The following best books for ten year olds in 2014 are all about historic events (usually told from the point-of-view of other kiddos). There are biographies and true-to-history stories that are super-education and ultra-entertaining for miniature reading buffs.
Some are blatantly historical, and others document personal actions that have been done by youngsters in the past – such as kids who have overcome adversities to find hope, happiness, and uniqueness.
Number the Stars by Lois Lowry
This book is actually on several classroom readings lists in both homeschools and public schools. Set in 1943 during Nazi-held Denmark, this story follows a little girl named Annemarie Johannesen.
Her best friend, Ellen Rosen, is hiding from the Nazis, and on the eve of the Jewish round-up, Annemarie’s family helps Ellen and her parents escape the country.
Told from the point-of-view of a 10-year old little girl, this story is both tragic and riveting, as Annemarie doesn’t understand the actions of politics – only the feelings she has to protect her best friend.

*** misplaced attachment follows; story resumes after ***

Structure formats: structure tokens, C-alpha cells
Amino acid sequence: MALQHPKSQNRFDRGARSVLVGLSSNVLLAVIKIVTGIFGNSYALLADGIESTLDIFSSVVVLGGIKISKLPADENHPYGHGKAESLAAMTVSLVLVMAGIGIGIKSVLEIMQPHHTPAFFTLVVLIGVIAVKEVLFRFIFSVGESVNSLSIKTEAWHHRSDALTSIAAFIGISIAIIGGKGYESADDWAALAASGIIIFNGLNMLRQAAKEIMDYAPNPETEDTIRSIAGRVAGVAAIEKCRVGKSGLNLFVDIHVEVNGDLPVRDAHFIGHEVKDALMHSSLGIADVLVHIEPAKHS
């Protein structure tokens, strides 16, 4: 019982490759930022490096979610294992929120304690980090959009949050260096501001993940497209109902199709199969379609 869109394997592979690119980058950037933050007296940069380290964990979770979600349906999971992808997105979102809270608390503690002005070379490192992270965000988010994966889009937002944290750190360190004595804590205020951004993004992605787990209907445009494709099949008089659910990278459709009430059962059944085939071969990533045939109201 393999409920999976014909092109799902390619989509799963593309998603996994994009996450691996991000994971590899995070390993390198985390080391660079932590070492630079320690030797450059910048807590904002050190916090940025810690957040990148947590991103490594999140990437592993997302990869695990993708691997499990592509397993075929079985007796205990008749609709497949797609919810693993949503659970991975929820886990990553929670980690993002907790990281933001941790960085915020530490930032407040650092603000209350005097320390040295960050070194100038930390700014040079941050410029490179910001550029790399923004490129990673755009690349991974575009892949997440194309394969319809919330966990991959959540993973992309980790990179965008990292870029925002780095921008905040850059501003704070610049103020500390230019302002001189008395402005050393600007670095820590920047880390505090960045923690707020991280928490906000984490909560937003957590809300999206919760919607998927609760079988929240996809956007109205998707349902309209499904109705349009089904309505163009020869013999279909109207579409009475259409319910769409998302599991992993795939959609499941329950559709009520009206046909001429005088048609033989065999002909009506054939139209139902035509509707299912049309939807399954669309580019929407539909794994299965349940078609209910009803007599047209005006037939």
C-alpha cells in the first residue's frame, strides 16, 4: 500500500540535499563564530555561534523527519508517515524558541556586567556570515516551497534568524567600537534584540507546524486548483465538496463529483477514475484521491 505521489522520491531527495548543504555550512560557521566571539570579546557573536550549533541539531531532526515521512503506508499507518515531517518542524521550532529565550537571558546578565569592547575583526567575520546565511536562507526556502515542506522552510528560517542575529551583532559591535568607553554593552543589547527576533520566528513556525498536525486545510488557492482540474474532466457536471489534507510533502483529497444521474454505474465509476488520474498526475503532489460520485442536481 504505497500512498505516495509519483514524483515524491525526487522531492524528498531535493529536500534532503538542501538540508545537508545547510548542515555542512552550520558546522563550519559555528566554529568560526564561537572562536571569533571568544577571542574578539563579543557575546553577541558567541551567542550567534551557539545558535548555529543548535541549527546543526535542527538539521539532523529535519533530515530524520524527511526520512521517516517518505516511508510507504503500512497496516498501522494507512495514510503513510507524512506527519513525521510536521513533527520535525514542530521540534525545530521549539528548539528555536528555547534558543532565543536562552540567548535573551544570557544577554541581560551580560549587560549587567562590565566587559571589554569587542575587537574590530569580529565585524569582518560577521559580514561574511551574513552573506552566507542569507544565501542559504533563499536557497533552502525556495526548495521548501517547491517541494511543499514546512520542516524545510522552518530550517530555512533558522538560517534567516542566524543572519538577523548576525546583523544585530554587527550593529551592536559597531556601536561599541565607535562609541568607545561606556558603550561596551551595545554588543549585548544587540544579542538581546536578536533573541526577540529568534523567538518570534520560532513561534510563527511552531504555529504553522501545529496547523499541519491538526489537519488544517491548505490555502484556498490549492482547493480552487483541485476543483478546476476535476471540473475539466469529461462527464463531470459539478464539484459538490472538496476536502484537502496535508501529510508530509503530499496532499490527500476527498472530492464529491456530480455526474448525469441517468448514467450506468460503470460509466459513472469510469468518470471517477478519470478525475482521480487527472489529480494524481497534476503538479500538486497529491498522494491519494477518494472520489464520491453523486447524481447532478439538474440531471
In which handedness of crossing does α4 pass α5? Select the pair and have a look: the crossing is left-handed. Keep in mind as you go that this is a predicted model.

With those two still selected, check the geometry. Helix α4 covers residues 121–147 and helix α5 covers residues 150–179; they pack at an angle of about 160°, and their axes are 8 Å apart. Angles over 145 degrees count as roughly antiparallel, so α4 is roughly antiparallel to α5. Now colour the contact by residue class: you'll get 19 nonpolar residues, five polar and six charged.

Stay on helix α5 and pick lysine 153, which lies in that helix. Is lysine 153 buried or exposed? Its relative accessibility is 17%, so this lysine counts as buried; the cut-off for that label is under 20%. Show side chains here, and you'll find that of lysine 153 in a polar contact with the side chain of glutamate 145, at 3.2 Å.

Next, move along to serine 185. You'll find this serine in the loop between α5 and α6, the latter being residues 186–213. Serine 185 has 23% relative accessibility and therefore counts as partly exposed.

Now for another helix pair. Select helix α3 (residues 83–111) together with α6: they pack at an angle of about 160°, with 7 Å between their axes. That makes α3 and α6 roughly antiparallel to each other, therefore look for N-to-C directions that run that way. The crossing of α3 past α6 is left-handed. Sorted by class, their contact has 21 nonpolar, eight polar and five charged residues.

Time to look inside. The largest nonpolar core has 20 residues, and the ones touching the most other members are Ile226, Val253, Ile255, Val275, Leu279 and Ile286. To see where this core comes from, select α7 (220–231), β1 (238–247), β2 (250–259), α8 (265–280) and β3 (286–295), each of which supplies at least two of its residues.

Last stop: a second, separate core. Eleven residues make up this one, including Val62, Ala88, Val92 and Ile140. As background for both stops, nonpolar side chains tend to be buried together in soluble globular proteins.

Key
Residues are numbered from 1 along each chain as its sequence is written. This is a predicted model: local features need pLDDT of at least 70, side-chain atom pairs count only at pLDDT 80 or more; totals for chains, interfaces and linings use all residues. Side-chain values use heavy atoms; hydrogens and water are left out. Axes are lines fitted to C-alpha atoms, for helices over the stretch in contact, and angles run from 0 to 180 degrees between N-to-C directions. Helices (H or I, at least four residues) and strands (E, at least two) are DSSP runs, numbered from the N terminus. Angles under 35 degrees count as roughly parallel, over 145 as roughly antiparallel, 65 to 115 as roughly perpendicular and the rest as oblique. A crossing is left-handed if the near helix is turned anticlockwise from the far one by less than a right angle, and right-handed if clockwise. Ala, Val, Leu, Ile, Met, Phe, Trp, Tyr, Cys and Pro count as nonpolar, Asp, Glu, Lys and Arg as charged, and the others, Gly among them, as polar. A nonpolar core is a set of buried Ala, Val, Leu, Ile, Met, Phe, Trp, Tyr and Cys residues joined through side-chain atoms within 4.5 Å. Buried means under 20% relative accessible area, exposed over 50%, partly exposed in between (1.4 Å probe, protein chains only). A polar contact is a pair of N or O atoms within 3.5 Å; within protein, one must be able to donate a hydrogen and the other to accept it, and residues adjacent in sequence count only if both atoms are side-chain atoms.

Out of My Mind by Sharon M. Draper
Melody is an 11-year old with an extremely photographic memory. She remembers everything in alarming detail! However, no one else knows. Melody has an ailment that makes it impossible for her to communicate, both verbally and with body language. She’s an absolute genius, but no one knows because she cannot tell them. Until she discovers a way to communicate her thoughts and feelings.
This story is based on an actual invention in history! Over time, it has helped people, like Stephen Hawking, speak without actually saying anything. And Melody is this tale’s beacon of hope!
Locomotive by Brian Floca
“A new road of rails – made for people to ride.” – This sentence began the Transcontinental Railway in 1869; a transportation idea that flourished and has since spawned hundreds of advancements in railroad travel.
In well-paced rhythms, this poem explores the concepts of train stations and vintage transportation in prose. Beginning with how the road was built, and ending with the upgrades in modern times, the story provides train buffs and history fans with an outlet for their imaginations. The illustrations are amazing and realistic, matching the greatness of each melodic verse.
Following is a video presenting the author of "Number the Stars," Lois Lowry (a fascinating woman):